e certain that the hour had come. I packed up, went home, thought it all over, wrote and rewrote `Between the Battles' in a fortnight, and travelled to Copenhagen with the completed piece in my trunk; I would be a poet." He then set to writing "Synnöve Solbakken," published it in part as a newspaper serial, and then in book form, in the autumn of 1857. He had "commenced author" in good earnest.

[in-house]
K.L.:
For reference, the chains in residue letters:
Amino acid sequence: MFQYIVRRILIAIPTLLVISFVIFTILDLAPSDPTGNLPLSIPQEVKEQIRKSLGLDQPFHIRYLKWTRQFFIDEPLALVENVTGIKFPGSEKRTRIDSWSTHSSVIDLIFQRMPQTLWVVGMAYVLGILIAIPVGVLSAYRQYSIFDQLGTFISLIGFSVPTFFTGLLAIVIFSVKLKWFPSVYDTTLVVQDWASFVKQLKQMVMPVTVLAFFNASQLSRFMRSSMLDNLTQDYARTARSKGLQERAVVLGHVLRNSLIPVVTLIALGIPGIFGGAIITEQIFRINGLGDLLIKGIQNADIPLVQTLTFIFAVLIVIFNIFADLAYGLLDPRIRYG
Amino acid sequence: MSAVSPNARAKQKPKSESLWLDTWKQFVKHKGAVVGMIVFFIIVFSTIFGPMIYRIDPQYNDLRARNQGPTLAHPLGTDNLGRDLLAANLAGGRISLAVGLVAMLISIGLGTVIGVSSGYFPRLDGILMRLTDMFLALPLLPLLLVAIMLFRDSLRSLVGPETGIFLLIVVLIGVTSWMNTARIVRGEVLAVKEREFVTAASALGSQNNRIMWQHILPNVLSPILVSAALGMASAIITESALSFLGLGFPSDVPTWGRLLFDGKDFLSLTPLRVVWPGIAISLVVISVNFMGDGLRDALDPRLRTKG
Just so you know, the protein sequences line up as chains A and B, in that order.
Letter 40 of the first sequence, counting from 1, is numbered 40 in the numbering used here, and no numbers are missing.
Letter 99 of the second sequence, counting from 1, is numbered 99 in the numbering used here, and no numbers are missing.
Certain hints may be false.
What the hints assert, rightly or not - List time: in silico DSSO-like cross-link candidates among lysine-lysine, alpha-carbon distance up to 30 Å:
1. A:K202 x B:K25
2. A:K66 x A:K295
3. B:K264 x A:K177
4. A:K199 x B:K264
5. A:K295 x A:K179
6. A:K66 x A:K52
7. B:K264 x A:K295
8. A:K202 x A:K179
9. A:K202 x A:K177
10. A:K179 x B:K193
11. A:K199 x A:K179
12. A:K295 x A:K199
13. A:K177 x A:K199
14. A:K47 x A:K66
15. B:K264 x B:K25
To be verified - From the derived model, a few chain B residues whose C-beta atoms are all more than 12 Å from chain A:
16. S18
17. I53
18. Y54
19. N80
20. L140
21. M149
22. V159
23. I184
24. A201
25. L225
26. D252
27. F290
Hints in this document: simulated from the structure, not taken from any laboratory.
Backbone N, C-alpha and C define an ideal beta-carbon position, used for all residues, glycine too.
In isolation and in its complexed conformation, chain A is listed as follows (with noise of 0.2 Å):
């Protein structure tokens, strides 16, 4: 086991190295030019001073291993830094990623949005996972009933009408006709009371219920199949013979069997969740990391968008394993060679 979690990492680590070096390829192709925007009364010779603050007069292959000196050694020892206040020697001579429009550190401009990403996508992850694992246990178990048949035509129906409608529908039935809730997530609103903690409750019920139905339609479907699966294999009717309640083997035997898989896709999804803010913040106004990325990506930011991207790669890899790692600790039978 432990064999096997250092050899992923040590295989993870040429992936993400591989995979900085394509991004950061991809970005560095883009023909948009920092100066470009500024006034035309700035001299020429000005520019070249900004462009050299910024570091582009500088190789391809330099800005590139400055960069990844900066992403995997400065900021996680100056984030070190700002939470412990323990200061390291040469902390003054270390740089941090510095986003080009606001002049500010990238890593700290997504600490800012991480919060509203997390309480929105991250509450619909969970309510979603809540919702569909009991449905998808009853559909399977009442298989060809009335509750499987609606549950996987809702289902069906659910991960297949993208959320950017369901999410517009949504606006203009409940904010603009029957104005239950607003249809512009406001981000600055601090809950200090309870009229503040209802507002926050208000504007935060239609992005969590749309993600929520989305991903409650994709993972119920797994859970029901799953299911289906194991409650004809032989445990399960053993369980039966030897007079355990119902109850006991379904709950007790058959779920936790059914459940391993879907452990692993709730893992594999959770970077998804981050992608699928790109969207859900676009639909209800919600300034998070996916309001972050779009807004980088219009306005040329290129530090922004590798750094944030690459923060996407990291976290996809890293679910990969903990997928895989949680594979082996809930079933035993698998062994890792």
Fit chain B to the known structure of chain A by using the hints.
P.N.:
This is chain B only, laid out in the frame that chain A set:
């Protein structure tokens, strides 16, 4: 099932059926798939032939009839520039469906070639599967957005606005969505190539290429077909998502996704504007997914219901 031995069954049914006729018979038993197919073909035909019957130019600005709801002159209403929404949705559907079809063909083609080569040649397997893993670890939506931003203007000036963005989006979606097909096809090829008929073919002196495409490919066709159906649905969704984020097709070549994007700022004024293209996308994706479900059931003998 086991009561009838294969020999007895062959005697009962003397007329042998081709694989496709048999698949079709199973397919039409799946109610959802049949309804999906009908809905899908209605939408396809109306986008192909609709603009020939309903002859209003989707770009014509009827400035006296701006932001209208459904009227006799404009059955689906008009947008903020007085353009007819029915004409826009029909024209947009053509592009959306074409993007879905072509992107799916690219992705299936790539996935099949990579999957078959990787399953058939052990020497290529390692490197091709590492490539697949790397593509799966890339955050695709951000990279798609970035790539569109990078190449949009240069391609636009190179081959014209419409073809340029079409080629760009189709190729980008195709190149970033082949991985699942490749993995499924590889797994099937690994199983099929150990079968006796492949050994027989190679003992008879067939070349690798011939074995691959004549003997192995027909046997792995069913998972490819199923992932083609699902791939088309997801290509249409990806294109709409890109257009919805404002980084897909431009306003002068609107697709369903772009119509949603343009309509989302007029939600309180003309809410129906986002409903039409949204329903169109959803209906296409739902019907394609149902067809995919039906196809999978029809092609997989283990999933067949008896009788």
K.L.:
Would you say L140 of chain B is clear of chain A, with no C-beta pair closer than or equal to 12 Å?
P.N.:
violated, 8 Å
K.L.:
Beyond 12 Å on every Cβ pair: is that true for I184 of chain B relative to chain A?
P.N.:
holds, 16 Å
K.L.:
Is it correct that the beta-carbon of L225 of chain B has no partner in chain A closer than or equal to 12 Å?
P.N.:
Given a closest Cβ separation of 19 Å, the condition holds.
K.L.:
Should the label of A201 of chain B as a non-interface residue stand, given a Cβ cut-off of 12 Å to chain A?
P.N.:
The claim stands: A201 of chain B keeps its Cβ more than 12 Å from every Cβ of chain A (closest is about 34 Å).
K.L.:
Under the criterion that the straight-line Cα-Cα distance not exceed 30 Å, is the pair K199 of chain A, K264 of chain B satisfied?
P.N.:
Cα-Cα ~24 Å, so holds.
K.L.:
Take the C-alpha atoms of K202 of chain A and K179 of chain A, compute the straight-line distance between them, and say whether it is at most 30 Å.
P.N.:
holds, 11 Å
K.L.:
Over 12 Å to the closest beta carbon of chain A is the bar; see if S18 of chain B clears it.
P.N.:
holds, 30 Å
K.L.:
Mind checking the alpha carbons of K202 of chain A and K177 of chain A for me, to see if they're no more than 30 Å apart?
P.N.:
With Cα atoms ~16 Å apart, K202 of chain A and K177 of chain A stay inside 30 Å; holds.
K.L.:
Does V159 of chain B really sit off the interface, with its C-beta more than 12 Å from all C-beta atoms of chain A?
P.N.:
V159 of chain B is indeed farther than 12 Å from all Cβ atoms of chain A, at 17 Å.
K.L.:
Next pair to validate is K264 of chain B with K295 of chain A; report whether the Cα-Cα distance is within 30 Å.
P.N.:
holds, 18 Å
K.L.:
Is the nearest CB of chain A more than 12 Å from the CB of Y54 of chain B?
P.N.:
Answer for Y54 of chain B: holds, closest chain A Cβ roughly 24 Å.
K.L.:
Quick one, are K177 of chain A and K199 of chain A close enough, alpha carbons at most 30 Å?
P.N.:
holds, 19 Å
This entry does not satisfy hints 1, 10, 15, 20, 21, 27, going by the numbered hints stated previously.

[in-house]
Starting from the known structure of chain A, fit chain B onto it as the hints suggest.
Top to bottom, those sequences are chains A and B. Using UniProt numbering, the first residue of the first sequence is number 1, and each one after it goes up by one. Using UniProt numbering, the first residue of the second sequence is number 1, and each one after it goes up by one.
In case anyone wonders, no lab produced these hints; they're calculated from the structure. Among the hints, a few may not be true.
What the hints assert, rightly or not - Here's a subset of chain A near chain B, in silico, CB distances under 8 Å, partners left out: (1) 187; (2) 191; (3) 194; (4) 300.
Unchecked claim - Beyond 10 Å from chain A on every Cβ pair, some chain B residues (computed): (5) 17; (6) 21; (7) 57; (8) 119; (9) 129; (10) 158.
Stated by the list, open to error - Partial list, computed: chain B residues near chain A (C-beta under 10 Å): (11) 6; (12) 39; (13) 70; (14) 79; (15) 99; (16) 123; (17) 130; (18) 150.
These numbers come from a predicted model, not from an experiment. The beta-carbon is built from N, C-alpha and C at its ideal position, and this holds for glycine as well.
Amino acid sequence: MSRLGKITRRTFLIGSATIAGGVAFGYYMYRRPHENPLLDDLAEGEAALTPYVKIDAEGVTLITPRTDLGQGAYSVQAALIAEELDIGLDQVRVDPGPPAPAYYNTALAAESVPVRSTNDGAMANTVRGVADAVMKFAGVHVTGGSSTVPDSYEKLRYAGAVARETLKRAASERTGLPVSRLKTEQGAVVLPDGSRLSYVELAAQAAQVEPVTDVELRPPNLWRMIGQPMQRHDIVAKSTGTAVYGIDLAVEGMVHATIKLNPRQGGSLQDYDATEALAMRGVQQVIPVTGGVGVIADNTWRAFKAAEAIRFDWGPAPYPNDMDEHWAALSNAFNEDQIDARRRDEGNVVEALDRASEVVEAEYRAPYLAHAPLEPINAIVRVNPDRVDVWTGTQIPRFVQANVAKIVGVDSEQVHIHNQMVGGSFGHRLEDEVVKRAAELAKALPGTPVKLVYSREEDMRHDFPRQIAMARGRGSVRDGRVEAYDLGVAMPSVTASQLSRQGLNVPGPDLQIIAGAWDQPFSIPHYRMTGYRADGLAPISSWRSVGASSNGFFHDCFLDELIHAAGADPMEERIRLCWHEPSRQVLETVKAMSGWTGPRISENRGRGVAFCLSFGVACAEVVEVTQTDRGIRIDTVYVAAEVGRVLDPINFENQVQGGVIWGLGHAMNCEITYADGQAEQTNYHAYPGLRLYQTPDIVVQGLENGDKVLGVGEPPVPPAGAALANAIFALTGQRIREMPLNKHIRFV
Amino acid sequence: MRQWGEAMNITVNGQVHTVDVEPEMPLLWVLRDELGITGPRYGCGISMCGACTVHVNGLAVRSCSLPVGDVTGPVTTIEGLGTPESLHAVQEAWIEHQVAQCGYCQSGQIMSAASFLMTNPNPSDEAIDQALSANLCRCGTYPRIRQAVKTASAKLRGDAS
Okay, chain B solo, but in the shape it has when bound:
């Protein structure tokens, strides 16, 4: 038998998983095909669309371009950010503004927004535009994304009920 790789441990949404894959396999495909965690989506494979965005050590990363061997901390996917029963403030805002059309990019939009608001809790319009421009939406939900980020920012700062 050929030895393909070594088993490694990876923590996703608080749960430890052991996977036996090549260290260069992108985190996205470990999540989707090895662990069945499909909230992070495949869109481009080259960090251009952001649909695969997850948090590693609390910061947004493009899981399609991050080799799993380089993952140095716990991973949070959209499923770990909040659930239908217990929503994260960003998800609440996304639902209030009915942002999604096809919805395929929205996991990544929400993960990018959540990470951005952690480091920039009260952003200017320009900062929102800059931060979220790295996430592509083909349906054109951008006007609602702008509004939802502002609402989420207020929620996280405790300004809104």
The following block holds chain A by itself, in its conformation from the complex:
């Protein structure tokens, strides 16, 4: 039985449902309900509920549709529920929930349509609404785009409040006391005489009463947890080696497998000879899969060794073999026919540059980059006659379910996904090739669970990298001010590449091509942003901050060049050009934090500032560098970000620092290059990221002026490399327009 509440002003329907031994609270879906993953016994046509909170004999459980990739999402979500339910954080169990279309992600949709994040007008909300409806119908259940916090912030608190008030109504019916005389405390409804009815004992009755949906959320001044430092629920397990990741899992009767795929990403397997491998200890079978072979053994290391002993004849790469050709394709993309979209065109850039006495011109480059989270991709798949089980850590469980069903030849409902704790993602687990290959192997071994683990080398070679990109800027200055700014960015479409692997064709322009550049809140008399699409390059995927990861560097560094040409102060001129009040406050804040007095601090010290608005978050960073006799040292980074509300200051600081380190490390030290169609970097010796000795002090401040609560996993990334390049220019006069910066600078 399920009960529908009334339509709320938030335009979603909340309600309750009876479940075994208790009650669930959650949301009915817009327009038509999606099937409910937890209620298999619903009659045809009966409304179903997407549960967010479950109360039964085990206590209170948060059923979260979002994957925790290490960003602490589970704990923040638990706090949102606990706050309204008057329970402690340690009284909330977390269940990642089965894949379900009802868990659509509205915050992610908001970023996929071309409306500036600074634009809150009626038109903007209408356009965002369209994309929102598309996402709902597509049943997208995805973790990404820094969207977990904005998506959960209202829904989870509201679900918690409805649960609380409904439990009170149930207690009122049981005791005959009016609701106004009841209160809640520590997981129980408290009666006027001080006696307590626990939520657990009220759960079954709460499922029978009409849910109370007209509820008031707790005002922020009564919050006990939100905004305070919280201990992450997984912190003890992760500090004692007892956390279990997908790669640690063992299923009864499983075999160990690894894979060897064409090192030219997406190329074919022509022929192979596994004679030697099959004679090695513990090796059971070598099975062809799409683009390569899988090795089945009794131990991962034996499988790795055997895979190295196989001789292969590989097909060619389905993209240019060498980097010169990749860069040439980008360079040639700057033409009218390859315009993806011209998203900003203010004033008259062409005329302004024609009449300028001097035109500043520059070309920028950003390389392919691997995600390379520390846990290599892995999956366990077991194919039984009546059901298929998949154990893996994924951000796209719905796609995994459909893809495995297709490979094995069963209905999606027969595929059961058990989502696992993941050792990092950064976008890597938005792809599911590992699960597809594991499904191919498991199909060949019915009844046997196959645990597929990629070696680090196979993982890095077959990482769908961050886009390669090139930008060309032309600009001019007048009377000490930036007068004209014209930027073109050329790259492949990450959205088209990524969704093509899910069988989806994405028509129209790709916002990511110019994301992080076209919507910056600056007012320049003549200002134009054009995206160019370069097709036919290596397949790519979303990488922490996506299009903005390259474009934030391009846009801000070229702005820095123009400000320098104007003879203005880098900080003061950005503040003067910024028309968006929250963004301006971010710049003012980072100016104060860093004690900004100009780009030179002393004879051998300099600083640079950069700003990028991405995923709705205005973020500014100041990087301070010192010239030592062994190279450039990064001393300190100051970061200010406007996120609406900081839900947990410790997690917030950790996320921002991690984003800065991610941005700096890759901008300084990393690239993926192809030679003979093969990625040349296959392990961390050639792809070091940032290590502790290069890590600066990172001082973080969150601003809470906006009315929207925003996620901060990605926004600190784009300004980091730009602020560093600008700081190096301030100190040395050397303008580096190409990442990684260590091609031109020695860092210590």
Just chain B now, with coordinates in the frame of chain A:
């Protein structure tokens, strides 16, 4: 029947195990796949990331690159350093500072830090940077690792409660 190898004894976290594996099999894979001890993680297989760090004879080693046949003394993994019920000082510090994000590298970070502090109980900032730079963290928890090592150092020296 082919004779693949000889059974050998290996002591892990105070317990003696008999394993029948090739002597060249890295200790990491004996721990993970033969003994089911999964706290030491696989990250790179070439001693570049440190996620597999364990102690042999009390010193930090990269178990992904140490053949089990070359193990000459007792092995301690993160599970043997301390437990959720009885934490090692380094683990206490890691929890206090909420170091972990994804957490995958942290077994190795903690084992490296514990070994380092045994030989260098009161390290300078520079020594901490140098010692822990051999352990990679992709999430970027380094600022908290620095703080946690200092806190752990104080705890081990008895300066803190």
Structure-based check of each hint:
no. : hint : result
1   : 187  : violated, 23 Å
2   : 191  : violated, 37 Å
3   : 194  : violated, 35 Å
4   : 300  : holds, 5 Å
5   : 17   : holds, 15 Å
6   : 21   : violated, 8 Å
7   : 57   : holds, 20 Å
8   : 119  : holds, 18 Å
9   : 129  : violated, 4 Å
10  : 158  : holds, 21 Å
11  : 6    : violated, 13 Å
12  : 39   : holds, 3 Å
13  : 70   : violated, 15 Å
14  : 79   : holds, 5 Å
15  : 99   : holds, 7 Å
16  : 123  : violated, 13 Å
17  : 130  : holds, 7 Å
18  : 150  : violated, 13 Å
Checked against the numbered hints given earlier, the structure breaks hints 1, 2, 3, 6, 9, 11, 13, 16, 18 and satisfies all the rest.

The next fifteen years of Björnson's life were richly productive. Within a single year he had published "Arne," the second of his peasant idyls and perhaps the most remarkable of them all, and had also published two brief dramas, "Halte-Hulda" and the one already mentioned as the achievement of fourteen feverish days. The remaining product of the fifteen years includes two more prose idyls, "A Happy Boy" and "The Fisher Maiden" (with a considerable number of small pieces similar in character); three more plays drawn from the treasury of old Norse history, "King Sverre," "Sigurd Slembe," and "Sigur